(Another Scenic Overlook from enGendered, showing the power of womanliness…)
It had been a long time. A long time of dusty desert trails and fearful sprints from danger. He was tired. Tired of running. Tired of not having a home. Most of all, he was tired of maintaining a vision for something that had about as much substance as morning fog.
Sometimes, it really seemed possible that he would become king, just as the prophet promised. But then again, there were lots of times, this being one of them, when it just seemed ridiculous. No support base. No political pathway. And no end in sight to the murderous monarch to whom he had sworn his loyalty for life. There was just no way this could work out.
Abishai approached him tentatively. Yes, what was it? His men were hungry again. Paran was a waste. Why did he even come here? He wasn’t sure. He had had to get away and think. And pray. But Paran wasn’t such a great choice, he now thought. He knew the land. He had managed to get them to water. But they needed to eat too.
He allowed his mind to run over the inhabitants in the area. Would there be a friend for them here? There was Nabal, to the North, whose numerous sheep he had protected for many years. Nabal would be shearing his sheep in the hill country now. Still, Nabal was a little iffy. But what was to be done? They needed to eat. He ordered Abishai to send a delegate to Carmel and ask the rich man for assistance.
When the answer came back, a resounding “No,” David snapped. “Who is David? Who is the son of Jesse?” Nabal had replied. Who is David,
indeed. Well, maybe there were some things he couldn’t do—wouldn’t allow himself to do—but he could certainly teach this son of an ass who David was.
David ordered the entire company to arm. He told them they were going to fight. They were happy about that. Maybe he would never lift his hand against Saul, but by God this ungrateful worm would feel his wrath. Then he would know who David was. And others would too.
Four hundred mounted and rode toward Carmel behind him. David’s mind was hot. The tendrils of revenge, so long pruned, he now watered with his thoughts. Riding always gave time to think. And when he was riding to war, his thoughts always sped up. What he was thinking, honestly, was that this sparing of “God’s anointed” was getting old. There had been a hope because of Samuel. He was supposed to be a prophet, but David liked to think of him more as a friend. That guy had been so sure. So many times, when David was losing the vision, faltering in his resolve to stay in Israel, despairing sometimes even of life, Samuel was there, so confident in David’s coronation. The Lord’s plan, Samuel had called it. He had been so sure! But now he was dead. And maybe the vision of David’s rule should die with him. Who was David, anyway? Nothing. Nobody. And as such, why couldn’t he arrange his own relief?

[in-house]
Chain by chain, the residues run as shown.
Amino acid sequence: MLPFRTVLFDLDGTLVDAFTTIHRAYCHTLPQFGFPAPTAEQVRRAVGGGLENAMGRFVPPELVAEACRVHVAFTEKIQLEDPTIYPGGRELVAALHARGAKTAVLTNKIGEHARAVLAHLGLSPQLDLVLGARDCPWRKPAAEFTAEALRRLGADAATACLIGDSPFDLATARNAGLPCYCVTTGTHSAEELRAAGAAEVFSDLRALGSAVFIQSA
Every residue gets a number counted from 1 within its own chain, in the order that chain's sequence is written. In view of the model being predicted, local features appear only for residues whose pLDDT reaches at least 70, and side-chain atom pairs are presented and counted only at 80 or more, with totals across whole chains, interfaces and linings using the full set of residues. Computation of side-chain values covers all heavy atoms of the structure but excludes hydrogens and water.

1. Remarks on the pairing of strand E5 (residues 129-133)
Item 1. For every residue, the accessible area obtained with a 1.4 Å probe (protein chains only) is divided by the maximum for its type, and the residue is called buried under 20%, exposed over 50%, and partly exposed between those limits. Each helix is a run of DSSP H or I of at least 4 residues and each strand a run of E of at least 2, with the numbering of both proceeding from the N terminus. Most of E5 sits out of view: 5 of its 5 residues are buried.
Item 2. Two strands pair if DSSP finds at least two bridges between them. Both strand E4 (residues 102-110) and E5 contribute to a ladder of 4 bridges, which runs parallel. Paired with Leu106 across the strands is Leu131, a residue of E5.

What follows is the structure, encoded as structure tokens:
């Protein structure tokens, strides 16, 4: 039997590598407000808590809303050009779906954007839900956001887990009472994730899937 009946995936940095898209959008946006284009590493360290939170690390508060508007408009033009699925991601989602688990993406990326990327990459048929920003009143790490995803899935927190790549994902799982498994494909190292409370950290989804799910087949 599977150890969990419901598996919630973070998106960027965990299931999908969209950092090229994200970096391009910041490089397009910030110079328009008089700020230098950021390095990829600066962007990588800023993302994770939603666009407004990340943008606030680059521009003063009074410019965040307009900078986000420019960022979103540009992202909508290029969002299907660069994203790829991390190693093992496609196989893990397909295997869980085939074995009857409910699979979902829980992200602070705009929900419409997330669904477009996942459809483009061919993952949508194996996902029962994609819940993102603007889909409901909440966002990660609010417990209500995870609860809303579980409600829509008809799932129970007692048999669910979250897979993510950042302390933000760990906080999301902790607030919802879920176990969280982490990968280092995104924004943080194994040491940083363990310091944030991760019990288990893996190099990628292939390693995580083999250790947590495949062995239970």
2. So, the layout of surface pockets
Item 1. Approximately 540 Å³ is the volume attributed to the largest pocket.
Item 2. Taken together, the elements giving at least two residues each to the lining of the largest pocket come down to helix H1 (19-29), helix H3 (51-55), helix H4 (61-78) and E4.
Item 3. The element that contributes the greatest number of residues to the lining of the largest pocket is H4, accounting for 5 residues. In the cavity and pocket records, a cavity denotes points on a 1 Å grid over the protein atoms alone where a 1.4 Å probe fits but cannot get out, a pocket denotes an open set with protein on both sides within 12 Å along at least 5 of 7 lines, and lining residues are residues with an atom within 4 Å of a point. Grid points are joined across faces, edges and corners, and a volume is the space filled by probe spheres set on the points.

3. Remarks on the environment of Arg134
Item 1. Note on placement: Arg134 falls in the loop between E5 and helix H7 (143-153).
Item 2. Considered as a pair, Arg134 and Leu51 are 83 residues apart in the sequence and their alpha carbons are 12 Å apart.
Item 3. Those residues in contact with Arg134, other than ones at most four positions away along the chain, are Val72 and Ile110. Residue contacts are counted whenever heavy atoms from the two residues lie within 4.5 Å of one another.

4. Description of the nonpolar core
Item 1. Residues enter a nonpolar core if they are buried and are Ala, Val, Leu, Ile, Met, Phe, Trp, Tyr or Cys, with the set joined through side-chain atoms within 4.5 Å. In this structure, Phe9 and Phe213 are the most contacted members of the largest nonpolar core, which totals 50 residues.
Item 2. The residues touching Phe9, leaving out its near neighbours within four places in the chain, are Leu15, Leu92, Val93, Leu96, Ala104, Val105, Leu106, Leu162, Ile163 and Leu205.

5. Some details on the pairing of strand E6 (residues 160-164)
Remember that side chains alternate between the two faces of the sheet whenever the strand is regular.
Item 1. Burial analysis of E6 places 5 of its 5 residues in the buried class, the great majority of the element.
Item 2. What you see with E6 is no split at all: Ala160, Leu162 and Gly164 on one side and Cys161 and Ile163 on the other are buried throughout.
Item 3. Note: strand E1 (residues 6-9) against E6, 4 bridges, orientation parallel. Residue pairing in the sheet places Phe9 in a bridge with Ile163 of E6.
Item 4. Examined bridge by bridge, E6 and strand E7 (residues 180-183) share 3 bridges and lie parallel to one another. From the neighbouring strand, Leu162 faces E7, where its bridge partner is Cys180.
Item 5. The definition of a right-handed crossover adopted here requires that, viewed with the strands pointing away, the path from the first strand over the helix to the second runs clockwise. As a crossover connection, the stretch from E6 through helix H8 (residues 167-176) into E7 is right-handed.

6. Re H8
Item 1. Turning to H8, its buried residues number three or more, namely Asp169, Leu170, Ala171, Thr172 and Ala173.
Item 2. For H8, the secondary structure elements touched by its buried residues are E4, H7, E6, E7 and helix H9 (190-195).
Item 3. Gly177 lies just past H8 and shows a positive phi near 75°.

His thoughts were abruptly interrupted by a small caravan that had blocked the path. His company pulled up short. Who could this be? And why were they in the way? David opened his mouth to order them aside but he never got it out. It was a woman in the lead! And she was not moving. What on earth . . . ?
“My Lord!” she cried, as she fell at his feet, her face to the ground, but he had seen her face. “Let the guilt fall entirely on me!” It stopped him in his tracks. He was listening then. And she began. And as she spoke and kept speaking, David’s grip loosened on his sword hilt. Then his hand dropped to his side. Then his head fell forward. And he remembered. He remembered Yahweh, hidden in his heart. She was speaking the vision. The picture of righteousness that Yahweh required, of forgiveness as he had been forgiven, of waiting for Yahweh’s deliverance instead of striving for it himself, of faith and love, of the sureness that Yahweh would fulfill His word to David.
David let his eyes glide over the long train of donkeys stretched out behind her, laden with food, and the sheep she was offering to be slaughtered instead of her husband’s men. Finally, David stepped forward and lifted her to her feet. He had almost thrown it away, the whole kingdom project. For Yahweh, he knew, wanted a king after His own heart and, in killing Nabal in revenge, David would no longer have been that. So much would have been lost, not just for him, but for the nation to be.
Now he remembered who David was. As he looked into her eyes, he could see that she understood this. That is why she had come. She had hurried to prevent his hands from being bloodied with guilt. She had come for God’s kingdom. How did she know all this? Who was this heavenly queen? “Abigail,” she said. And she asked him to remember her when God made him king. Remember her? How could he ever forget that face?